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Sehaty Foreign Exchange


August 31, 2000

American missionaries in Iran

Comments on Blood & Oil: Memoirs of a Persian prince by Manucher and Roxane Farmanfarmaian: Dear Ms. Farmanfarmaian, I just finished reading the book Blood & Oil and I found it fascinating! I had been giving credit to your father for the bulk of the writing, but in the Web heading with your name I see that you should get the credit for most of the writing. Congratulations!

There was one glaring error I noticed on page 400 where your father says that his brother Ghaffar won the Nobel Prize -- he says that Alfred Nobel was American -- NOT TRUE ! I tried this morning on the net to find Ghaffar's name on a Nobel Prize list, but was unable to do so. I did, however, only scan the Economics list -- and was surprised to learn that in this field it had only been instituted in 1969 -- still I did not see any Farmanfarmanian. (I think I may be getting an extra "na" in you last name ?) Could you clarify this?

The other point that made me stop and think back & forth was his statement on page 427 that his father had been married to eight wives. I think I read that at his death he had seven, but have not yet scanned back to that page. But I believe that under Islam a man is allowed only four wives. Did some of them die, did he divorce or were some of them really only concubines? I know that in the latter case the children would still have full rights if the father acknowledged them -- I don't believe that the mother had much to say about it at any time.

Then on page 373 he talks of the Capitulation Agreement, the only part I disagree with is the statement "-- that no other country in the world had ever granted to any foreigner." But there have been many times when folks here in the USA have been upset because some foreigner (diplomat -- or vaguely associated with one -- or UN -- not necessarily delegate) has even killed someone in traffic or otherwise and been granted immunity. The latest was the hullabaloo over the au Pare whose baby charge died and all England was up in arms, etc. So Iran was not the only country to grant such benefits. Maybe they are the only ones to have made a political agreement about it.

Part of the reason I found the book so fascinating is that I grew up in Persia/Iran. About the time your father was sent to England for school, I was born to Presbyterian missionary parents in Rezaiyeh (Urumia) in Azerbaijan. Except for furlough years (basically 1928 and school year 1937-1938) I lived in Iran. I can picture many of the places that are mentioned, though I saw them from quite a different perspective than your father. My parents were stationed first in Rezaiyeh, second in Tehran 1934-37 and finally in Resht (Rasht) where my father died and is buried in the Armenian cemetery. One sister died and is buried at Seir just outside Rezaiyeh. My mother retired in 1957 and died in 1974. But there are many memories. I left in 1944 after D-Day opened up a way to get back to the USA via the Atlantic.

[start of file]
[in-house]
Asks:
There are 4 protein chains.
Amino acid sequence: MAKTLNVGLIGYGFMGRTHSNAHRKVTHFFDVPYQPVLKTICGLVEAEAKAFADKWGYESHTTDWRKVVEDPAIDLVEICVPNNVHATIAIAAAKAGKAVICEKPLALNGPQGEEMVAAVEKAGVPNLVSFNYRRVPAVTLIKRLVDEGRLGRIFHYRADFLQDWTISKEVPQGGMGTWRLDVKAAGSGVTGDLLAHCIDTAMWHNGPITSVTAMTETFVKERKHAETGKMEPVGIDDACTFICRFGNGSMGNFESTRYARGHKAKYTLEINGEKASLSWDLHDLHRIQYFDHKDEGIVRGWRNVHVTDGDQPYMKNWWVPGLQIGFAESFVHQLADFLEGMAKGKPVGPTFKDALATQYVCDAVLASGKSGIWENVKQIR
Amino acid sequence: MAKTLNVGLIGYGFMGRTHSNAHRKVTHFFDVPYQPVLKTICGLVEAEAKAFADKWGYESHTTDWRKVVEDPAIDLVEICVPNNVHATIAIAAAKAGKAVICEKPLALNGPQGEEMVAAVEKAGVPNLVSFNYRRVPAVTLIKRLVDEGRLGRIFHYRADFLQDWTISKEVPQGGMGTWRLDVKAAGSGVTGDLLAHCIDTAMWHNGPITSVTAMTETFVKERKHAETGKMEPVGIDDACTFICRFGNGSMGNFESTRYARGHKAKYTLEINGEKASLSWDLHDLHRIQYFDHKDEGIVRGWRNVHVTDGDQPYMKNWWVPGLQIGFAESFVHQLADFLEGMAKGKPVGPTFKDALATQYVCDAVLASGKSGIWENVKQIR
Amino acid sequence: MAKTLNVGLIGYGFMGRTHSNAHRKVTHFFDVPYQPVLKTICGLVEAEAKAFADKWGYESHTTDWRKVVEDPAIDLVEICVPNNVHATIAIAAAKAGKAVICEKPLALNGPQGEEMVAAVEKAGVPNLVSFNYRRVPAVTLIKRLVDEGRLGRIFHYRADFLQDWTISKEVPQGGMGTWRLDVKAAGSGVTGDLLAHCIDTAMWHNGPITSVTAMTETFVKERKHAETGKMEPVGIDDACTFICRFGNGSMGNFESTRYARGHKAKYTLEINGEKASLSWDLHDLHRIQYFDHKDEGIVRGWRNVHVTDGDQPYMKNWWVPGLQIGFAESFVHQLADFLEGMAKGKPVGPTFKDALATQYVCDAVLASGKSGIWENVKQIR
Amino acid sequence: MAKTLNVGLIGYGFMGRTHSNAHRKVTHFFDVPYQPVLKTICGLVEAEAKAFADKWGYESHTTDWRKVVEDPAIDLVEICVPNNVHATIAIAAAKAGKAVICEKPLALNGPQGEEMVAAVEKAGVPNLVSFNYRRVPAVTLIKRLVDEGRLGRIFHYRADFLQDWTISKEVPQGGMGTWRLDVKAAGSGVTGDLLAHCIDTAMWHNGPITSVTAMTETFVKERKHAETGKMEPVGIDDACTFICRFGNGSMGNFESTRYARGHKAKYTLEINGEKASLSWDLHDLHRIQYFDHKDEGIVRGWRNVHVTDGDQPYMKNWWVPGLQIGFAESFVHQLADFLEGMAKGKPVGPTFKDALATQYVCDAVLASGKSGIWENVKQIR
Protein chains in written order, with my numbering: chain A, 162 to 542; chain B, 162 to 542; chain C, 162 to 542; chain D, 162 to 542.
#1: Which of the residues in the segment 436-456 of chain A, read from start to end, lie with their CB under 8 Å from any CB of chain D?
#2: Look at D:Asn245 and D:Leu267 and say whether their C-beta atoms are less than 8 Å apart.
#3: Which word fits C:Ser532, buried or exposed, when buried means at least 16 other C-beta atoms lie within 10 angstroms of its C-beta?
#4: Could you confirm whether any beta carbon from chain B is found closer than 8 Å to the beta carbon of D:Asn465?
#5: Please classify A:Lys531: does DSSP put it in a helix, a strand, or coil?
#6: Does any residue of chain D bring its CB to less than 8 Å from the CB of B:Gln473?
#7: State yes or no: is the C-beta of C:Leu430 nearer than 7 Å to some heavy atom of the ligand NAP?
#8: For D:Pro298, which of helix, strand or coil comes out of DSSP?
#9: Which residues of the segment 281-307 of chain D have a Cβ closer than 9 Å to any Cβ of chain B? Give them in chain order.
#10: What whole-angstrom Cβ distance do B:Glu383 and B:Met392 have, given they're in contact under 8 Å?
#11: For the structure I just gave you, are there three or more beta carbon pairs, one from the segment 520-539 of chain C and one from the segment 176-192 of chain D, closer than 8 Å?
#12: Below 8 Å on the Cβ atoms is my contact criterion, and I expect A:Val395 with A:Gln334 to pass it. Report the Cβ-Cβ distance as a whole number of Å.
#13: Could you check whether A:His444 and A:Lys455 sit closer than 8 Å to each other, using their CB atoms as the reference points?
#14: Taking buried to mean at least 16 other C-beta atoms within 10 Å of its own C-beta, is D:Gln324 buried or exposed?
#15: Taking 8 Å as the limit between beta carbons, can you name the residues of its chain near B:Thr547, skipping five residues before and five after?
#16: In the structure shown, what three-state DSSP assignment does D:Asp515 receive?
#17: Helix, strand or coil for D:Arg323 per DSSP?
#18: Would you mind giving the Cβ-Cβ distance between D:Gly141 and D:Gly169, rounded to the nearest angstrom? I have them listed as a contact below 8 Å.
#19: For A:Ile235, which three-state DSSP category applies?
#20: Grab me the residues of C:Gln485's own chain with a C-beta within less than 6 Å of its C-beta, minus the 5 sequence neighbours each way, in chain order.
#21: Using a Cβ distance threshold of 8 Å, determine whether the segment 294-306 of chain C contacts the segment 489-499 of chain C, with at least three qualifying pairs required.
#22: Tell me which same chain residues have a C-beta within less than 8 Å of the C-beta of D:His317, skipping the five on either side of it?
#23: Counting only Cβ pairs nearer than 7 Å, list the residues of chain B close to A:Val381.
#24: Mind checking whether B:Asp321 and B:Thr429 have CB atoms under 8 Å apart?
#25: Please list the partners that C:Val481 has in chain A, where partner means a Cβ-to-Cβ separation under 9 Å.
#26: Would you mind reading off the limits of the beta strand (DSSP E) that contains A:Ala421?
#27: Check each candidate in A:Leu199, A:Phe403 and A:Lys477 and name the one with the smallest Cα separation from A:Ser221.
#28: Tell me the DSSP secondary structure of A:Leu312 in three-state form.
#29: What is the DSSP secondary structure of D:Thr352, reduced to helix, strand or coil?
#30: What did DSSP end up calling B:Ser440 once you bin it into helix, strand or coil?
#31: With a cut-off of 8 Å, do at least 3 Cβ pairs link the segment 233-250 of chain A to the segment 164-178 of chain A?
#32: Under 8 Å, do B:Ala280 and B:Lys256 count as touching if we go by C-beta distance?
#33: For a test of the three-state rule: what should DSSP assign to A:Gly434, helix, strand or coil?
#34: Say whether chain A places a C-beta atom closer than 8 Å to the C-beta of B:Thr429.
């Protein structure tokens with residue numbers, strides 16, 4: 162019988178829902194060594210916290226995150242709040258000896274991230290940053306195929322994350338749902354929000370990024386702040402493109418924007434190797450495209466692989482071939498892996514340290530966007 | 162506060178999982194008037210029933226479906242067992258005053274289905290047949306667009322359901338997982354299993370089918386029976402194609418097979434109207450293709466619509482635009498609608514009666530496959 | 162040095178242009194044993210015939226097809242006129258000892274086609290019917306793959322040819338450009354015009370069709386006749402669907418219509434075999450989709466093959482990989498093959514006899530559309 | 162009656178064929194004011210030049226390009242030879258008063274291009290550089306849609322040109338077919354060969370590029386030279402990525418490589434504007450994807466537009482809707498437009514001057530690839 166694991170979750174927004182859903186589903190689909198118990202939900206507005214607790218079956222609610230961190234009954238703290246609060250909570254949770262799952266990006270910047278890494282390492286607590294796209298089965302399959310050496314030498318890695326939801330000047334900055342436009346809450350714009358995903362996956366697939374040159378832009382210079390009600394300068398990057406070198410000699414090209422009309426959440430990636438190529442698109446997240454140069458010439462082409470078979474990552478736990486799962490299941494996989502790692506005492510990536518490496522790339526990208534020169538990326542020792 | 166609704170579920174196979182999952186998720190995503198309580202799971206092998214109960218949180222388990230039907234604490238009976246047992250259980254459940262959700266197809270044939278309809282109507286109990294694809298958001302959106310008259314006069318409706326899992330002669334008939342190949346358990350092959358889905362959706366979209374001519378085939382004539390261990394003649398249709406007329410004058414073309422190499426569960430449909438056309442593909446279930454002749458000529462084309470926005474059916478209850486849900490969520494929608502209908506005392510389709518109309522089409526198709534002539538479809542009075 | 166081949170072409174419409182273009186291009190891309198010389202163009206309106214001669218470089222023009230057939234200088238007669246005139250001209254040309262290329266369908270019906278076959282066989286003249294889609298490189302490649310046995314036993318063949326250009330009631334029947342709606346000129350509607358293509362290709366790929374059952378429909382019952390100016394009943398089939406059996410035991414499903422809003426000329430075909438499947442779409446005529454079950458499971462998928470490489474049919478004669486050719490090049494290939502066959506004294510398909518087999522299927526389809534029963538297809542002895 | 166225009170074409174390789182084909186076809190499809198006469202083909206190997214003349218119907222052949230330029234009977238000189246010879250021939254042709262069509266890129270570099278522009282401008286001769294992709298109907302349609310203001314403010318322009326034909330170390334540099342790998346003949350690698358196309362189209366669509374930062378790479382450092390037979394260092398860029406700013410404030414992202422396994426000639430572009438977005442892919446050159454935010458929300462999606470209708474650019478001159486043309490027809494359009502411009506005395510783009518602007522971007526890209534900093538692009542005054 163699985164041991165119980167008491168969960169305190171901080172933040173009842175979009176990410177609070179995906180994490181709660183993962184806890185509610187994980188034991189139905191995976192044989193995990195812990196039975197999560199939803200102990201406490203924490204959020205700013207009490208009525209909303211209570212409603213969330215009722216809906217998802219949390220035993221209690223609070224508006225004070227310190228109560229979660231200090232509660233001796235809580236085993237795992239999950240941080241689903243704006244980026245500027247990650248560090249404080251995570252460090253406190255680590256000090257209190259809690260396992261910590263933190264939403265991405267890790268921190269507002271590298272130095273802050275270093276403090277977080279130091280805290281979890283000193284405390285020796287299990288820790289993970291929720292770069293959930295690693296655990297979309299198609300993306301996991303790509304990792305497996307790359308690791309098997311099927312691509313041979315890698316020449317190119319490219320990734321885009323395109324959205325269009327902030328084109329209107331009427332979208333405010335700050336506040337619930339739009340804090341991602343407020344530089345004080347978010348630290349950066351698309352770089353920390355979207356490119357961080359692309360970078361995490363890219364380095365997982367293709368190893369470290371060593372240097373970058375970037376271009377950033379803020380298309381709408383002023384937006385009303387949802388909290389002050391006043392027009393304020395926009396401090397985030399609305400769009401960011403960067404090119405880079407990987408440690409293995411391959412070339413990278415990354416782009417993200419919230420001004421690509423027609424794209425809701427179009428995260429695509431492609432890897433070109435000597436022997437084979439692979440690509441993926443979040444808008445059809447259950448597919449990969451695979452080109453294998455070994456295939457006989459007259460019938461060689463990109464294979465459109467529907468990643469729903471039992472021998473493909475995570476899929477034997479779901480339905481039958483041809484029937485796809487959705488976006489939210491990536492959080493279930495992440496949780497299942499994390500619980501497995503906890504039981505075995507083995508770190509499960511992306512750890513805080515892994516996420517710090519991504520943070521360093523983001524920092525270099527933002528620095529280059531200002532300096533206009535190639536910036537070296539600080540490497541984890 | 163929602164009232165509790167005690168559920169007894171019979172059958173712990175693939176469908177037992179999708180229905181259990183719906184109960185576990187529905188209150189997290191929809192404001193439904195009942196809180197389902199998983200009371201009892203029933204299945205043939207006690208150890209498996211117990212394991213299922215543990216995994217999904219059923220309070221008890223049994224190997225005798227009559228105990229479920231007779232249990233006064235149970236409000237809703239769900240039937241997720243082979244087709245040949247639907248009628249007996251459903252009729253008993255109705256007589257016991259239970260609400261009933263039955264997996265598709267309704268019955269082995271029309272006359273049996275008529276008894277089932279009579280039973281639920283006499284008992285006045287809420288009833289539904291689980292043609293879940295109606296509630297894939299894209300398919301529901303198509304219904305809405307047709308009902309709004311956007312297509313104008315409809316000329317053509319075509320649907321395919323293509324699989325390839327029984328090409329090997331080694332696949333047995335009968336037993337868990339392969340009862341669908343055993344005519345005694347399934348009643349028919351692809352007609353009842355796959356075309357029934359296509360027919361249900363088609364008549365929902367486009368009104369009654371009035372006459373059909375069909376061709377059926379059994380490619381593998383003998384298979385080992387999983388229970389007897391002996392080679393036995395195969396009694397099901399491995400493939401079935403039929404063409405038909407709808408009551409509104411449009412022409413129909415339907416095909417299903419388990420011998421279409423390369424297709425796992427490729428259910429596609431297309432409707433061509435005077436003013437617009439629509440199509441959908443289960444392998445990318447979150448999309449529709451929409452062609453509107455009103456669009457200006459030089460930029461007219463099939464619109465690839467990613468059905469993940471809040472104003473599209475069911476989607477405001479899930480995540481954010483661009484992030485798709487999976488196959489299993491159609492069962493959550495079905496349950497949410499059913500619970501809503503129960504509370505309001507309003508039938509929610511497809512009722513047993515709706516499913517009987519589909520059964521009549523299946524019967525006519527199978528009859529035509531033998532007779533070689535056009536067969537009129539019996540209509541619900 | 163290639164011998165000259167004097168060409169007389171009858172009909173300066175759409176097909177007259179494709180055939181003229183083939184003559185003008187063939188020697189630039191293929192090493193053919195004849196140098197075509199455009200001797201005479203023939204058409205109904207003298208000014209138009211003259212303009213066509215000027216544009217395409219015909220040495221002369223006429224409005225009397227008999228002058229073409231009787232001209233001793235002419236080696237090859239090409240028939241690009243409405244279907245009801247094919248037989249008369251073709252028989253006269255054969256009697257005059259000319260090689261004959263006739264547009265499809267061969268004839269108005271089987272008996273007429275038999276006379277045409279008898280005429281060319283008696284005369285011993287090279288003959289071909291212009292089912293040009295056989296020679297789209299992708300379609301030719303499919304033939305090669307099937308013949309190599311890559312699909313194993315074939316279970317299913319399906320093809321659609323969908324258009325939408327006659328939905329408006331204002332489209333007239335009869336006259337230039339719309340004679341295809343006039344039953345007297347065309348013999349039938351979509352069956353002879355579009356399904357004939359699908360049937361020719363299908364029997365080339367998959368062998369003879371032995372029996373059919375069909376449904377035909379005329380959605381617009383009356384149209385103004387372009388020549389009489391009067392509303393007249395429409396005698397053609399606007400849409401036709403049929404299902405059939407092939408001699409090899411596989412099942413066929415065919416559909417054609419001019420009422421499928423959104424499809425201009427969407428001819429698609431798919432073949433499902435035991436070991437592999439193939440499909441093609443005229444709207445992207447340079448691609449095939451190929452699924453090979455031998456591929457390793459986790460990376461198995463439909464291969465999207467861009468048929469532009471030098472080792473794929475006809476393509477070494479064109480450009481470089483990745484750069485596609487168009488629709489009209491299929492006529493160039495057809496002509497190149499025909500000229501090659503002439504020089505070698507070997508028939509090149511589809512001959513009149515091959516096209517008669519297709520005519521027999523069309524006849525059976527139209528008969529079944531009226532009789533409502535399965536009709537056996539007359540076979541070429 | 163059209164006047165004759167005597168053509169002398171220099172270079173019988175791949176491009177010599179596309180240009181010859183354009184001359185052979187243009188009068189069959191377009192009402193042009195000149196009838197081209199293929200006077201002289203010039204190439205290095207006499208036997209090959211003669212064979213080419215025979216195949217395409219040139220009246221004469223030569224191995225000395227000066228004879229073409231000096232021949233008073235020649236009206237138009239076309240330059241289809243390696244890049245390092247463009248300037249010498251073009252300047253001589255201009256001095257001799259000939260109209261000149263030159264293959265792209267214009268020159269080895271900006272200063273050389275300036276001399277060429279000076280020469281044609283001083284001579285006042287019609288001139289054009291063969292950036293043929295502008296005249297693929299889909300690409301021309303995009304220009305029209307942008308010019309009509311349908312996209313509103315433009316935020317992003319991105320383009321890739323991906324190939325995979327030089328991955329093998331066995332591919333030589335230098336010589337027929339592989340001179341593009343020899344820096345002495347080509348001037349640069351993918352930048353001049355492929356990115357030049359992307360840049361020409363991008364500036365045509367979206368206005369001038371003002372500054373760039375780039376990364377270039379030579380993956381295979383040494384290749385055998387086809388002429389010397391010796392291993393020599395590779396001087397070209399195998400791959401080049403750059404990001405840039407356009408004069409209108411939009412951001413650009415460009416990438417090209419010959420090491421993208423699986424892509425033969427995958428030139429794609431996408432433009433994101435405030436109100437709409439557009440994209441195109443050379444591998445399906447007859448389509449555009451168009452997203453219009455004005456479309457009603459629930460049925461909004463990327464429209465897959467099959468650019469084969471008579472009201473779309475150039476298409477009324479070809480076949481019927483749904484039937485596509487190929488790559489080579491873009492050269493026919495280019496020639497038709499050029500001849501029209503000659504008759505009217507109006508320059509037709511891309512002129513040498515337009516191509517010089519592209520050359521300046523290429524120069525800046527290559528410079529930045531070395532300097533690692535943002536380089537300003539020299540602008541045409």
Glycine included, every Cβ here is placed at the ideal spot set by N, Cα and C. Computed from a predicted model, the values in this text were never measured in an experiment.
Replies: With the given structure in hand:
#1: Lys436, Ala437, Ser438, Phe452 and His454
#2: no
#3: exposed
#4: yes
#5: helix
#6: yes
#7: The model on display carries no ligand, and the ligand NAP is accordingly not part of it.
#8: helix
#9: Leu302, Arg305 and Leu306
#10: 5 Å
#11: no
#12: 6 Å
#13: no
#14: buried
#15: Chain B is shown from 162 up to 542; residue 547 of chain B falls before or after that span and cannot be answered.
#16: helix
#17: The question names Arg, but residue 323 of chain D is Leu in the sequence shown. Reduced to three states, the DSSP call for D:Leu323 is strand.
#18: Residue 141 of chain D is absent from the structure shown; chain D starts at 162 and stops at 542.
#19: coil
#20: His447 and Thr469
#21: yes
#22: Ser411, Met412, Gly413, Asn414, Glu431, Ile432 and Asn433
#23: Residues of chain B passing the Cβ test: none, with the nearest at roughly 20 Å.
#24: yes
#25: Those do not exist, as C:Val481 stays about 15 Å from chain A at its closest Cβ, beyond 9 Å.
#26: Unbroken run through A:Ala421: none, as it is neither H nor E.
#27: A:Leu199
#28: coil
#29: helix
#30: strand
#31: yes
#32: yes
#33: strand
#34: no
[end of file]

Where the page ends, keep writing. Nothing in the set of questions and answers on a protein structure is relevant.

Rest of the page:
Of course, anything to do with Iran caught my eye during the ensuing years, but it was really hard to believe that it had changed so much since 1944. What opened my eyes was reading Not Without My Daughter by Betty Mahmoudi. That started me on a binge of reading. As the co-author of Blood and Oil, you might look up an read Shuster's The Strangling of Persia. Historically it is still a valid exposition of some of what went on in Persia. I also read your aunt Satareh's book Daughter of Persia. Her description of being arrested in the early days of the 1979 revolution is one of the most graphic so far. She, at least, was aware of the Presbyterian Mission on Gavam-e-Sultaneh street, just a few blocks north of Supeh, though she refers to Dr. Elder's "daughter" and in reading the book I knew she was referring to his wife.

I am amazed, always, that so little mention is made of the American Missionary work in Iran. It started there in 1834 and continued through to 1975 +/-. Mostly it was closed out in bits and pieces by the Iranian government. Rezaiyeh closed in 1934, all foreign schools closed out and/or taken over by the Iranian government by 1939-1940, and gradually hospitals too were closed etc.

The other books I would recommend are the three by Najmeh Najafi. especially her second book, Reveille for a Persian Village. It gave me such a good feeling reading it, and while it is true that it was in the late 1950's, I think that had there been more like her and more assistance given at that time, again things could have been different. But we cannot go back, none of us, and still this old world continues on.

It must be that all the pictures in the book are somewhat old as your father looks so vibrant in them, but apparently he is beginning to get set in his ways. I'm glad for you that you did not get trapped in Iran and in the turmoil it has become. I wonder when the attitudes will change to allow women to be effective in the workings of govenment again. Now I am beginning to reamble and will bring this to a close. Give my salaams to your father, but you have managed to make Blood and Oil a really good, great book, and more than just a what-a-great-family-I-came-from diatribe.

Myrtle (Browning) Fulton


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